These are real places with a compelling twist — “real” but also not quite so. We might be able to find them on a map, or at least narrow it down to a general region, but if we travelled there in person things may not be as we expect. In this way, England becomes an intangible and unforgettable character in Susanna Clarke’s Jonathan Strange and Mr Norrell; Lyra’s Oxford beguiles us in Philip Pullman’s His Dark Materials series; and the stories in my collection, Bluegrass Symphony, encapsulate the spirit of the Deep South as well as the Mid-Western American states, without ever being tied to a specific location.
So while I still love becoming engrossed in sweeping, detailed secondary worlds, there’s a part of me that always hopes for some of that magic to seep into our world, and to remain here — at least for a short while — in plain view.
Lisa L Hannett hails from Ottawa, Canada but now lives in Adelaide, South Australia — city of churches, bizarre murders and pie floaters. Her short stories have been published in venues including Clarkesworld Magazine, Fantasy Magazine, Weird Tales, ChiZine, Midnight Echo, Shimmer, Electric Velocipede, Tesseracts 14, and Ann & Jeff VanderMeer’s Steampunk II: Steampunk Reloaded, among other places. Her work has appeared on Locus’s Recommended Reading List 2009, Tangent Online’s Recommended Reading List 2010, and has been published in the Year’s Best Australian Fantasy and Horror 2010. ‘The February Dragon’, co-authored with Angela Slatter, won the ‘Best Fantasy’ Aurealis Award in 2010. Lisa is a graduate of Clarion South.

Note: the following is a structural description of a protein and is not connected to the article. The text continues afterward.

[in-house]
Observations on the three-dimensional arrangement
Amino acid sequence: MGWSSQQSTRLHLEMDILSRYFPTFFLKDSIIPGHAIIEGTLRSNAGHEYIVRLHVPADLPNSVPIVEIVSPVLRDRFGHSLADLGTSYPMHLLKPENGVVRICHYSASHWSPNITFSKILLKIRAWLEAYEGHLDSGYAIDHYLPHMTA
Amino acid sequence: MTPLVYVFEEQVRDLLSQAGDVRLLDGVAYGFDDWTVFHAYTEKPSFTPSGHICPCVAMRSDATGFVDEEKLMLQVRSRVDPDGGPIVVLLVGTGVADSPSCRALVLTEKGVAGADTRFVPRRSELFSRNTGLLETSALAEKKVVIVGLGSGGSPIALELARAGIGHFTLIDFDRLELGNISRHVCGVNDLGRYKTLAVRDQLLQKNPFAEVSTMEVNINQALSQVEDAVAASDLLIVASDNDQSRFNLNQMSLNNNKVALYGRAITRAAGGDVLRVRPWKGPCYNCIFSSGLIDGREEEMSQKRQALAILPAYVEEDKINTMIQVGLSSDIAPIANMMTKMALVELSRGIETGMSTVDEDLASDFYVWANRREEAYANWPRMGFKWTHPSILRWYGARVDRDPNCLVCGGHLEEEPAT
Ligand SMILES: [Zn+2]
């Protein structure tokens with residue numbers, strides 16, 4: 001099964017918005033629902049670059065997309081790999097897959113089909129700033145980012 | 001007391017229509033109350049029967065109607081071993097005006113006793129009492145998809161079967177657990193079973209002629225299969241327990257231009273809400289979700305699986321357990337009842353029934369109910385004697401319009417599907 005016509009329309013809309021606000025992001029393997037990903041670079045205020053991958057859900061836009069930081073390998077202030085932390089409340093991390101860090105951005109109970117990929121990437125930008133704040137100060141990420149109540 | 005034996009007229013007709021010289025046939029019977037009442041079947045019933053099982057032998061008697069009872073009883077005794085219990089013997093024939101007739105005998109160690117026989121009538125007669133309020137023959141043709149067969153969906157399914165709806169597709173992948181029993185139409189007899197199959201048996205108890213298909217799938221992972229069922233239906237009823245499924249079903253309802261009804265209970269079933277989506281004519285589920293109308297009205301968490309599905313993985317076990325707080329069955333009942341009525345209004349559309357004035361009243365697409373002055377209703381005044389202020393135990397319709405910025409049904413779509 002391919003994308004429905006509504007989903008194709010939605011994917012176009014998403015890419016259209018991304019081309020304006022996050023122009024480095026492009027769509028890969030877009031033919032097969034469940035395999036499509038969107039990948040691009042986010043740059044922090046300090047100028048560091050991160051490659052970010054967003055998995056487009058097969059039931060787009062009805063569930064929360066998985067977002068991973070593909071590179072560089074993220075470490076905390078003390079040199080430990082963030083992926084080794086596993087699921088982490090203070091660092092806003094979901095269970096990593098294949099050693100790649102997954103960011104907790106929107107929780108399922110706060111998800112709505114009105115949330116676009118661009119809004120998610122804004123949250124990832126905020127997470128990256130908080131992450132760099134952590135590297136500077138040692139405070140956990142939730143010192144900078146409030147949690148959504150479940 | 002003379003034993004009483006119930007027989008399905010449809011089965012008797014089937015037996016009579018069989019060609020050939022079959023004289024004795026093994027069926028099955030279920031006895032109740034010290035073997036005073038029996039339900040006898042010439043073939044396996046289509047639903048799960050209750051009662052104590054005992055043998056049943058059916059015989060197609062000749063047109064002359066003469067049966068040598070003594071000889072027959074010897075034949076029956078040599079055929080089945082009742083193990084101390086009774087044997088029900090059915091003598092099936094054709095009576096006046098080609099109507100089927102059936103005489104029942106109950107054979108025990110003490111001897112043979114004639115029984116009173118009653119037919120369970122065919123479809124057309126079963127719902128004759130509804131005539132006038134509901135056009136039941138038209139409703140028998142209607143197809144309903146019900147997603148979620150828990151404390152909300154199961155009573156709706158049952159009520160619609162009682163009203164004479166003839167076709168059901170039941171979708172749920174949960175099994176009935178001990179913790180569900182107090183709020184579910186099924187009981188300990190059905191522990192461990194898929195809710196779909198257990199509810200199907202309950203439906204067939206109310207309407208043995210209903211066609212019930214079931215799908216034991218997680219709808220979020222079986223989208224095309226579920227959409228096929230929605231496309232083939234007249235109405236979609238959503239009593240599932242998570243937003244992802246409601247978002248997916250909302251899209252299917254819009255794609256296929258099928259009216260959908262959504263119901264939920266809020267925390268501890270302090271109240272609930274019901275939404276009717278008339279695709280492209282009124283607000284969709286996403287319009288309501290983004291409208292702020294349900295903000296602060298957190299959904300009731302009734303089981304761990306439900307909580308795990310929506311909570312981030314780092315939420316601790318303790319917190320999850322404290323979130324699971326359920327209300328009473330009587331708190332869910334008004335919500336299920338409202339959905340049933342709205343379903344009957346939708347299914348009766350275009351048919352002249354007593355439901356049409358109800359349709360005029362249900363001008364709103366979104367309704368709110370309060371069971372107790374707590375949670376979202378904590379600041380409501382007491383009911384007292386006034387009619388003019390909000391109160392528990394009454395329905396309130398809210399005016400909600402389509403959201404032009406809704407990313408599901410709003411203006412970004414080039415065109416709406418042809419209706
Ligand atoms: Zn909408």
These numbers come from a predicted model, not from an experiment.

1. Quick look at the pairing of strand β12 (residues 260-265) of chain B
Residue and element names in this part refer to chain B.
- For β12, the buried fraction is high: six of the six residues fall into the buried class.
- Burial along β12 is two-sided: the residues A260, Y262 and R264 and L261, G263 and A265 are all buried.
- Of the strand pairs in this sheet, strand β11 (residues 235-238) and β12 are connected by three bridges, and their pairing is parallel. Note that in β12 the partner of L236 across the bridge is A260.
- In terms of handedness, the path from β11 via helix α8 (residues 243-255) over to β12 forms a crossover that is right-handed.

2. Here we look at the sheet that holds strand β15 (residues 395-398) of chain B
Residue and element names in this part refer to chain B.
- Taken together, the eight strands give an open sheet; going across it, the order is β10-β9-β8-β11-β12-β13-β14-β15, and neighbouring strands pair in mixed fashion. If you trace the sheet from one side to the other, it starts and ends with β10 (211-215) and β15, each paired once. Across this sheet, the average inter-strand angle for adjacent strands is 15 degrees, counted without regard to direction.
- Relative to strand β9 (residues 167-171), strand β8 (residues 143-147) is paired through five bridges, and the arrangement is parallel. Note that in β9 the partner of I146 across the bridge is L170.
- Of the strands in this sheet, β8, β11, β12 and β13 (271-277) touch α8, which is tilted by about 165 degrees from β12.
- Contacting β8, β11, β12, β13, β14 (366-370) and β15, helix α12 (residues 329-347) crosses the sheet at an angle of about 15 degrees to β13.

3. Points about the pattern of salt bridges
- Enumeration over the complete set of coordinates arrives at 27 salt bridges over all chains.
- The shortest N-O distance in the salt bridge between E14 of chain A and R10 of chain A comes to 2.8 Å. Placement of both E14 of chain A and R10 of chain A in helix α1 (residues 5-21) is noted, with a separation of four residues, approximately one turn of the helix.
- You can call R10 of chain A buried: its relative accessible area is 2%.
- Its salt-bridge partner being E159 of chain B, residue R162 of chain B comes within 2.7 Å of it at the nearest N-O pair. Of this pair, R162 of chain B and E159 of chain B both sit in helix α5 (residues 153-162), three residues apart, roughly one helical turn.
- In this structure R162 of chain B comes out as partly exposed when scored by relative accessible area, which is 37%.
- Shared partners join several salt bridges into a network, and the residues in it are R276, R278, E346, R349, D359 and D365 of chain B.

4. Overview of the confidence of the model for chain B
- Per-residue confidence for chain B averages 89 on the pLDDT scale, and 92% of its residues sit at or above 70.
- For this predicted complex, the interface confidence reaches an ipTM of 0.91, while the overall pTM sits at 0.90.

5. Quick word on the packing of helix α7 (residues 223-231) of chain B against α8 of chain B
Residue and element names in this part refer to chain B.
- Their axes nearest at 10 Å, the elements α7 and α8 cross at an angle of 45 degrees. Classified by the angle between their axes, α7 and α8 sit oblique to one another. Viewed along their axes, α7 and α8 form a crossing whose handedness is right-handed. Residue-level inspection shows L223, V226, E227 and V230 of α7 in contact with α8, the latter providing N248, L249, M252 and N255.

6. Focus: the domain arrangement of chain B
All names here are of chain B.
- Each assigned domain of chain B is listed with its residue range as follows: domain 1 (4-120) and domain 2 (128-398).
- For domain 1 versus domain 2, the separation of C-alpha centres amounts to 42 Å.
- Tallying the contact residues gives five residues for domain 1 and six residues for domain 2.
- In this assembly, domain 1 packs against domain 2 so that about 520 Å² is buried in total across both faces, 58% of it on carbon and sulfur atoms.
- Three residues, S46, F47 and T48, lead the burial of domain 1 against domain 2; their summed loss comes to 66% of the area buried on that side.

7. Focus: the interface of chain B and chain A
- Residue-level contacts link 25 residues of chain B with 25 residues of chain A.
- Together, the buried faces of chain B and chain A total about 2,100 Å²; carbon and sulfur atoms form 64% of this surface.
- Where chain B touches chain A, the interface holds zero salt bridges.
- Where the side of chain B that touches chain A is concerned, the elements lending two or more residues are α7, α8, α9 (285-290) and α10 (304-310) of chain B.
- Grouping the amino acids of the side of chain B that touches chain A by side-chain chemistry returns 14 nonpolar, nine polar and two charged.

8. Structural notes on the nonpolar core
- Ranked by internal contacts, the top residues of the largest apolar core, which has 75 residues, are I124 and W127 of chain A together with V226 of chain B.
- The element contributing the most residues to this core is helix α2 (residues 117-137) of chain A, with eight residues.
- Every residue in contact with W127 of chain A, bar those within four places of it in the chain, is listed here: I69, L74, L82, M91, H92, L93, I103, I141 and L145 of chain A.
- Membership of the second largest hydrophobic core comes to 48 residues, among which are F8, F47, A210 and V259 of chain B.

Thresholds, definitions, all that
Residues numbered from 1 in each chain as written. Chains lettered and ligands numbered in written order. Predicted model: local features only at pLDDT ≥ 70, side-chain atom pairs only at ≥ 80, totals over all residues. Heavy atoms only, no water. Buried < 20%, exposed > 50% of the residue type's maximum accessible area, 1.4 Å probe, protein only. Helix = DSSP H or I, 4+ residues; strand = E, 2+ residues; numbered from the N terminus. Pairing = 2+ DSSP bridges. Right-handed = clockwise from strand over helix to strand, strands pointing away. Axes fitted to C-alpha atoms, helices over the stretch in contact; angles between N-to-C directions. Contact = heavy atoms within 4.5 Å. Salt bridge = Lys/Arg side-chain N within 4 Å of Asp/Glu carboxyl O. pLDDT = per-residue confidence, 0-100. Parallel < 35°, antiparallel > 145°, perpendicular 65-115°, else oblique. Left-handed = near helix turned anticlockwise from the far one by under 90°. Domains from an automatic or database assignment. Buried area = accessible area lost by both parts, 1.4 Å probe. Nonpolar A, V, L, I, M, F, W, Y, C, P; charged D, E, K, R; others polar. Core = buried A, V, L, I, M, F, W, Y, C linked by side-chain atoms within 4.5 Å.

Her first collection, Bluegrass Symphony, was published by Ticonderoga Publications in 2011. Midnight and Moonshine, a second collection co-authored with Angela Slatter, will be published in 2012. She is currently working on The Familiar, Book One in the Walpurgis Cycle. You can find her online at www.lisahannett.com and on Twitter @LisaLHannett.